The Big Idea: Catherynne M. Valente
Going to the underworld is a staple of storytelling and myth, so it’s no surprise that Catherynne M. Valente took September, the heroine of her New York Times bestselling novel The Girl Who Circumnavigated Fairyland in a Ship of Her Own Making, into a strange and weirdly wonderful underworld in its followup, The Girl Who Fell Beneath Fairyland and Led the Revels There. But of course, there’s more to the story than simply going under.
CATHERYNNE M. VALENTE:
Every hero, sooner or later, goes to the Underworld.
Odysseus, Dante, Orpheus, Rama, Coyote—the whole Campbellian deck of cards. Sometimes it’s the land of the dead and sometimes you have to go see the demon-king to get your girl back, but to get through your story, you gotta go underground.
And so does September.
The very axiomaticness of the Underworld interests me and excites me as a writer. I like to wander around with a big stick, poking at the basic building blocks of myth, tipping them over to see what’s underneath, how strong they are, how they got there to begin with. If there’s a Big Idea that unifies all the Fairyland novels to come, it would be Taking It Seriously Like Whoa. All the tropes of fairy tales and quests and folklore and portal fantasies and old school children’s books. Add complexity. Add emotional crunchiness. Add poking with a big stick. Simmer for five books.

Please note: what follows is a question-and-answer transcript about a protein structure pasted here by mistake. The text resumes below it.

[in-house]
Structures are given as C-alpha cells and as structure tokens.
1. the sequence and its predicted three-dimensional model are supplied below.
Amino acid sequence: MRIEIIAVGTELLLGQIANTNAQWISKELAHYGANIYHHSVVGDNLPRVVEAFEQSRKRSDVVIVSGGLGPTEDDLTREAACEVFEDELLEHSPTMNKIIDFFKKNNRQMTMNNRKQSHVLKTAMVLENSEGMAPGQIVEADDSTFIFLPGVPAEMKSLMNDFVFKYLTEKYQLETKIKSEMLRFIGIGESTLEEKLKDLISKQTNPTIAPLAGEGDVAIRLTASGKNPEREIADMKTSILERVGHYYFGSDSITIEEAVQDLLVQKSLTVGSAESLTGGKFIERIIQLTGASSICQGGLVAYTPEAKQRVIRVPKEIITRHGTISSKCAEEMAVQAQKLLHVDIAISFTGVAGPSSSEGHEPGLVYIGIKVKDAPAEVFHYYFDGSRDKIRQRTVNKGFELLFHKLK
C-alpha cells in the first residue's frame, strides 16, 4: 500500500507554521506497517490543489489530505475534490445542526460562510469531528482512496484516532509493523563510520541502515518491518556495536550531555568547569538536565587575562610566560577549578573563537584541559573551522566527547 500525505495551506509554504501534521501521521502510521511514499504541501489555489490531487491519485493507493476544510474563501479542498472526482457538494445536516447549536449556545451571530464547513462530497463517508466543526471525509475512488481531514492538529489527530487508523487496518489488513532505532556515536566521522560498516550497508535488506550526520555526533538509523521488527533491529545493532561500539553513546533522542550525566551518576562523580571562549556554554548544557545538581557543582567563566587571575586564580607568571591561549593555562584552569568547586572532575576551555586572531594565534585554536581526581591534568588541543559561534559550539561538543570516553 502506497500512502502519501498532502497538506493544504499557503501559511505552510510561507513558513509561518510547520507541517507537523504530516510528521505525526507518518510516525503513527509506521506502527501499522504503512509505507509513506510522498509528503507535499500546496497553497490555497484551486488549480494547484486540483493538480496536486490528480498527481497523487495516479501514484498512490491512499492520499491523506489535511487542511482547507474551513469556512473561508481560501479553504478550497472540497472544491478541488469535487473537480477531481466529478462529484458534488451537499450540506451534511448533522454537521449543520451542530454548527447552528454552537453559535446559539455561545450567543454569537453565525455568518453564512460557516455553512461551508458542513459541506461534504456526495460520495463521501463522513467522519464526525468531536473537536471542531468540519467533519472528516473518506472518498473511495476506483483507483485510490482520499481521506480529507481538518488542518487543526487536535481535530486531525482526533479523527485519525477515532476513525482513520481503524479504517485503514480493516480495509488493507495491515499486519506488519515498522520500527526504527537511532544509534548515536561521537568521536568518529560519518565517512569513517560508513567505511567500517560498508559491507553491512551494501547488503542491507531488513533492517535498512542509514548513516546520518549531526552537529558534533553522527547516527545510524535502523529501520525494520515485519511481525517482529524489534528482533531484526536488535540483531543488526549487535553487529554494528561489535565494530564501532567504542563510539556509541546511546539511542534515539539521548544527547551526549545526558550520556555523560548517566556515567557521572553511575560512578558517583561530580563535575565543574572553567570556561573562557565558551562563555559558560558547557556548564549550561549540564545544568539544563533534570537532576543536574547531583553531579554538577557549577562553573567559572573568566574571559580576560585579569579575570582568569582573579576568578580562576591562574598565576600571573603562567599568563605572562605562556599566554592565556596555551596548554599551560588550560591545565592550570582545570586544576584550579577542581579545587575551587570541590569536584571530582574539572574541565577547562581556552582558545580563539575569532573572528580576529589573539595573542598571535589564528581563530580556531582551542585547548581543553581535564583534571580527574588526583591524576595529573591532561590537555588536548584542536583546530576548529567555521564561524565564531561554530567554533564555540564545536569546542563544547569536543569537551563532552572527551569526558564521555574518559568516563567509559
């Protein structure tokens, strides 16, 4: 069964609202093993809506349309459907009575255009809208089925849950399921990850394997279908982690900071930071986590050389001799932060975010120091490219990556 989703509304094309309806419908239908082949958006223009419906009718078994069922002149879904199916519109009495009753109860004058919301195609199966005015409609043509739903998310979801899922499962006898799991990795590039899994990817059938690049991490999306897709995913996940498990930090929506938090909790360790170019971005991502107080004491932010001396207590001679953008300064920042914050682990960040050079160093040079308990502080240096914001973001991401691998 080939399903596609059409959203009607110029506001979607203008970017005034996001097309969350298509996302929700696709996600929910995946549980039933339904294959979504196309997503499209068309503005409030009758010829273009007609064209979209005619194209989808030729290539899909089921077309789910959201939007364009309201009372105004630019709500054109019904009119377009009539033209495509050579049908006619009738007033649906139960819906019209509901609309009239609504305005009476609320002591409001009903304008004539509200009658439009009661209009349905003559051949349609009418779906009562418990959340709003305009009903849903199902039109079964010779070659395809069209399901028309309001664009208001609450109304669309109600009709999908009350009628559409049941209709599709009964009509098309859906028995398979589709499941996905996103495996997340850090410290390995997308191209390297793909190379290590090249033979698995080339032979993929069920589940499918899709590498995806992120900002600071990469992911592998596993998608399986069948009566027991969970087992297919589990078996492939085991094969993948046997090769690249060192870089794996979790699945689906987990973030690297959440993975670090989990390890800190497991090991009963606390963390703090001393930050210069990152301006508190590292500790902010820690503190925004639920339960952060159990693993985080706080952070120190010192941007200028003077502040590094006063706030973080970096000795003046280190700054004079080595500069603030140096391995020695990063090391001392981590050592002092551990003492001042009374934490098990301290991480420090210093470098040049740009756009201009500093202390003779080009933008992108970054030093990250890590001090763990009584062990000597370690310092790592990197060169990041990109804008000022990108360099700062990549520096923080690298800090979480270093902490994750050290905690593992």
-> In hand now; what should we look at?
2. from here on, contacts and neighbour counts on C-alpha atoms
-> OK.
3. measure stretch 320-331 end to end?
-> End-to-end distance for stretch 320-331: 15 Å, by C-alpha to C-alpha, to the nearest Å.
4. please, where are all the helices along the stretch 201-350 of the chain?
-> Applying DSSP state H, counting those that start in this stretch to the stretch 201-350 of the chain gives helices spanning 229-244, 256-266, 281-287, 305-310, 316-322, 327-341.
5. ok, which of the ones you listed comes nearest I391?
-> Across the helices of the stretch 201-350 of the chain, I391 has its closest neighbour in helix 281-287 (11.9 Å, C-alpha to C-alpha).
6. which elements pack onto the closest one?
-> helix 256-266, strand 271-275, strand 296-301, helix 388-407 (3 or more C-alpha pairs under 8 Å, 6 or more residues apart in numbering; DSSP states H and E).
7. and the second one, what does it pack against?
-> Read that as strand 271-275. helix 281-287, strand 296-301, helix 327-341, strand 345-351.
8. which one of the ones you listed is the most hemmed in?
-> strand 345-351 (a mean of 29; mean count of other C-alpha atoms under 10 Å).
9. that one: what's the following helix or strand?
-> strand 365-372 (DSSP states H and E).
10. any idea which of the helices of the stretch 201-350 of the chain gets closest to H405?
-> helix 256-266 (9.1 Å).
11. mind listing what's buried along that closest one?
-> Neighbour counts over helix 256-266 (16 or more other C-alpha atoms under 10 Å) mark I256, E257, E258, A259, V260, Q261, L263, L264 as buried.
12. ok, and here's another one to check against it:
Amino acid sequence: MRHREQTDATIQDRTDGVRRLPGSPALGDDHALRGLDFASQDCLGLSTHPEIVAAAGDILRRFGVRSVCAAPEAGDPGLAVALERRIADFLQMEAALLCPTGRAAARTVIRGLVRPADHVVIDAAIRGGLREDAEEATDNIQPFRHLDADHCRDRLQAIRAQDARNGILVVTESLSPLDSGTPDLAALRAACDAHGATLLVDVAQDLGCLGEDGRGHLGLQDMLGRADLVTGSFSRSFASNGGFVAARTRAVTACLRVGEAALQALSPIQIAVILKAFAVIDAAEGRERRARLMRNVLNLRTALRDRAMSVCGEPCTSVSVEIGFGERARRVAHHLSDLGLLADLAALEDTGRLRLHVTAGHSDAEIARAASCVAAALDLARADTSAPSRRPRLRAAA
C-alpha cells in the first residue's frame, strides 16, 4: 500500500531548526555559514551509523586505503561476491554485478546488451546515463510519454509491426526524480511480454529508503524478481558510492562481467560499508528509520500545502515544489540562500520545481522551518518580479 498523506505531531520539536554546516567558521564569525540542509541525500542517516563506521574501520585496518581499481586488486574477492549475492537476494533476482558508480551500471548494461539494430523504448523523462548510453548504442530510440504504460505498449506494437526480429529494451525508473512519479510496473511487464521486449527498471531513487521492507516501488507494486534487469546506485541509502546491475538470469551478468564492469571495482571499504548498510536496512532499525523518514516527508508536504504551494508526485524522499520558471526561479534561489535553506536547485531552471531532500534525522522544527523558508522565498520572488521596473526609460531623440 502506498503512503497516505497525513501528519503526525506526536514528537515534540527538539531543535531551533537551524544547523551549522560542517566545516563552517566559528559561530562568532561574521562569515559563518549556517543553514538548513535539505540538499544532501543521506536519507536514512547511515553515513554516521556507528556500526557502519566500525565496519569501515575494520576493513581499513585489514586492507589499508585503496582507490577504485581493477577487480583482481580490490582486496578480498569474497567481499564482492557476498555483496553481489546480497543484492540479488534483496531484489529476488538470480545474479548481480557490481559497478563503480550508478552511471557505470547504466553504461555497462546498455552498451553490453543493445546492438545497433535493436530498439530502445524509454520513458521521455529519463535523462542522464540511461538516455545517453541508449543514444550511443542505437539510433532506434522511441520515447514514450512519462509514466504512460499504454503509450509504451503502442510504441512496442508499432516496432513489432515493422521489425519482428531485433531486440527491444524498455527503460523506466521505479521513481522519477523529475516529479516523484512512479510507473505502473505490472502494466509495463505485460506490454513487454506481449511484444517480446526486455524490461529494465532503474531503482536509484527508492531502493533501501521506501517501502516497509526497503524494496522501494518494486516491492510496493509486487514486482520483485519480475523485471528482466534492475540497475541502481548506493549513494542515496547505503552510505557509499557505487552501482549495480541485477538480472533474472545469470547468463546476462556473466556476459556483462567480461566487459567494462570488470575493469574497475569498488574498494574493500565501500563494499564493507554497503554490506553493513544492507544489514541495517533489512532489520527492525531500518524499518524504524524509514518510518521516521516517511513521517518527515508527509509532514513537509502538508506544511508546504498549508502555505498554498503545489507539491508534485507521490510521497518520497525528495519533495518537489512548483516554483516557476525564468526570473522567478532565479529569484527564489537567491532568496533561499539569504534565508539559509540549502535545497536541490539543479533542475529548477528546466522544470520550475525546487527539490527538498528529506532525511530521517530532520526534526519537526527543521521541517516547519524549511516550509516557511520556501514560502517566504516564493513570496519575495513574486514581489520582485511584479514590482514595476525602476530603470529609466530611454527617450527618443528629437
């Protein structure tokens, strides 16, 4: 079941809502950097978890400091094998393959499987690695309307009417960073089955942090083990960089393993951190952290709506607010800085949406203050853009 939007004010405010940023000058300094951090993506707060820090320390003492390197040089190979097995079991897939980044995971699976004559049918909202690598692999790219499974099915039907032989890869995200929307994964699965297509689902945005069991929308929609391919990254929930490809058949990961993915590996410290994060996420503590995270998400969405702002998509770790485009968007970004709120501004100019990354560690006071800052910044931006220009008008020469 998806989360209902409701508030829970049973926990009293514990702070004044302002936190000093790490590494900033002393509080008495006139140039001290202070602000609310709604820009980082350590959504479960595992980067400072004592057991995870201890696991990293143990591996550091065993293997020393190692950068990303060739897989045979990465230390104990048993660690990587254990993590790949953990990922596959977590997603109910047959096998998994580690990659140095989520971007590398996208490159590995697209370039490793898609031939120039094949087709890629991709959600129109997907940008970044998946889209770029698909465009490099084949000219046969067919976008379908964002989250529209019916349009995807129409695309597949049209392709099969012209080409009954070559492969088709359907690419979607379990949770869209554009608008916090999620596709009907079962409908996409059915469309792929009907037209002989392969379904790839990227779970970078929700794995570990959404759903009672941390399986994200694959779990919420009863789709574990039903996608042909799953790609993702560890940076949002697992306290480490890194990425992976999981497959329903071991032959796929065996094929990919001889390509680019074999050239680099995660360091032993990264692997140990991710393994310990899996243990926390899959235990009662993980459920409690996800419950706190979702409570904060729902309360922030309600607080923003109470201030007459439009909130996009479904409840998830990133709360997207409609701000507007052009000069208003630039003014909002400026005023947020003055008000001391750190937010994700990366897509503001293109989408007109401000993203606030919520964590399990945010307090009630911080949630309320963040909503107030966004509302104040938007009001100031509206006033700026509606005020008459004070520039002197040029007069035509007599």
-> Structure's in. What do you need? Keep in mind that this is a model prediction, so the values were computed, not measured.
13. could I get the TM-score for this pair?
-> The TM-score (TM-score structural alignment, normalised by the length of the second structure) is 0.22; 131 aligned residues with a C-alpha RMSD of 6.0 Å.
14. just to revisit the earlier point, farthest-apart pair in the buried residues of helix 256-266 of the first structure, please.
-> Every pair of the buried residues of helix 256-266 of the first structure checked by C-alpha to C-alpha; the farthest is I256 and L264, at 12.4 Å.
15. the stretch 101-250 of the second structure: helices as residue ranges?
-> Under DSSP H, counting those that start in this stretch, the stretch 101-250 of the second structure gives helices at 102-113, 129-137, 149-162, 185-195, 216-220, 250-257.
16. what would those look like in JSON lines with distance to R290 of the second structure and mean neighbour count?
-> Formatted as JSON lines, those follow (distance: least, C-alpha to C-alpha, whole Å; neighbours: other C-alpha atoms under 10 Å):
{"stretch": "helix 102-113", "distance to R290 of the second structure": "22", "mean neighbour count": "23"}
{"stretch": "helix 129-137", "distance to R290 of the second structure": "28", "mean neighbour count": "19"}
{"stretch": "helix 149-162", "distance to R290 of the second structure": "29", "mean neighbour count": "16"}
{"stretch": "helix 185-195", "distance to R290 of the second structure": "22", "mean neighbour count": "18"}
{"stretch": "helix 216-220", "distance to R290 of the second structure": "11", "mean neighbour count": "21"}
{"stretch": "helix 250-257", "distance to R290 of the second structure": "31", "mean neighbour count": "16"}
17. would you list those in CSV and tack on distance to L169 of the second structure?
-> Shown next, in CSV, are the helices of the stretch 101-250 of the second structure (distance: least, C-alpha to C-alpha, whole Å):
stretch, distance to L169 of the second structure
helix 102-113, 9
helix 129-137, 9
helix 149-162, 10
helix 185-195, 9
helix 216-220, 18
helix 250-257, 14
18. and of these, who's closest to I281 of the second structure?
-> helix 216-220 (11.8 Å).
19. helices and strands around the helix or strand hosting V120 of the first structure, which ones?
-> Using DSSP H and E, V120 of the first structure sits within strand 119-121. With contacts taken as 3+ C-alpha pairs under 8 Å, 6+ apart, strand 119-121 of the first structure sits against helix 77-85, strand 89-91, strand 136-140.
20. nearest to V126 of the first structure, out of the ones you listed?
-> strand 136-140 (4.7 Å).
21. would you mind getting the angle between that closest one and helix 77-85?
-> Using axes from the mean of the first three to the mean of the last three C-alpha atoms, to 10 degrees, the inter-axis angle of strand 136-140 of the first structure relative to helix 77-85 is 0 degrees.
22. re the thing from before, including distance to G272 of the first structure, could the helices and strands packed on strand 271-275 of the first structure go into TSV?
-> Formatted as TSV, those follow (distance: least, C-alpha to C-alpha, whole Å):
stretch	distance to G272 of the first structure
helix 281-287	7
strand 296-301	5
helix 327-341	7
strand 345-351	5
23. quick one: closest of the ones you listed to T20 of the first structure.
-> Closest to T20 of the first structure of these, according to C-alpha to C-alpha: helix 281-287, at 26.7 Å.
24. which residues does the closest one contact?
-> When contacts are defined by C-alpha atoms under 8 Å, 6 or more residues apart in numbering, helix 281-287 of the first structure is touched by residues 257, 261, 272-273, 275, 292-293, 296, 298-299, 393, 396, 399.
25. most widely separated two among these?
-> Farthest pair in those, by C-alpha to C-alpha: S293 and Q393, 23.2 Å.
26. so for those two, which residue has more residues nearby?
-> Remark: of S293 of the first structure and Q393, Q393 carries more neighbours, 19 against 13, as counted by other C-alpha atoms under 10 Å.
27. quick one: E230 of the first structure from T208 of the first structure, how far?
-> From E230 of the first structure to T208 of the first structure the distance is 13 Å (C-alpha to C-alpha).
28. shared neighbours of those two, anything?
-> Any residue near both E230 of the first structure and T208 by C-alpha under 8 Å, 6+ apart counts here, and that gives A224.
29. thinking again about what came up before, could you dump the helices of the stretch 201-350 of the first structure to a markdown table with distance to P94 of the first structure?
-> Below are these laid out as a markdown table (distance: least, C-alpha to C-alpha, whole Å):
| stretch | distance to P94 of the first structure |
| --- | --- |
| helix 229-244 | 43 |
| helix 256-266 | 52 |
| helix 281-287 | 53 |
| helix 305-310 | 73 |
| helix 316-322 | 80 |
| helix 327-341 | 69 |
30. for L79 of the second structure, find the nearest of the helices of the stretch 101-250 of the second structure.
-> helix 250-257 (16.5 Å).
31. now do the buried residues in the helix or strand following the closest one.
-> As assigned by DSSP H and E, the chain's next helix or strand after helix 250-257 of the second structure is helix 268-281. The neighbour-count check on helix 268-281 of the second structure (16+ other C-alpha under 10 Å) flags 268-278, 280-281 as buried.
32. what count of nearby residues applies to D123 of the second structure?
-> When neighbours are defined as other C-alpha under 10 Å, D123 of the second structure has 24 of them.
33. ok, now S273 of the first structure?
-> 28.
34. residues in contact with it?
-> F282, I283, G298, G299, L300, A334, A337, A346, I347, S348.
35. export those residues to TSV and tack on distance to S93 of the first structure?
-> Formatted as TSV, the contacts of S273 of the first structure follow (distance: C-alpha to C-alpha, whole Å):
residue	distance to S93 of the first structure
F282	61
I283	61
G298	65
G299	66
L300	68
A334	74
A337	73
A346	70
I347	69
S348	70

From the moment I ended the first Fairyland book I knew that in the second, September would be going to the Underworld, to Fairyland-Below. She originally came to Fairyland on a Persephone visa, after all. It was always waiting for her. She returns to Fairyland a year older, a teenager—and with growing older comes understanding that for every act there are consequences, that no story ends neatly with all’s well that ends well, that the trouble with growing a heart is that it can be used against you. September’s sacrifice of her shadow in the first book is the root of the second—her shadow has grown up, too, given herself a name, and become Halloween, the Hollow Queen, ruler of Fairyland-Below. And she is stealing shadows from the world above.
Shadows belonging to, among others, a Wyverary, a Marid, and an old enemy.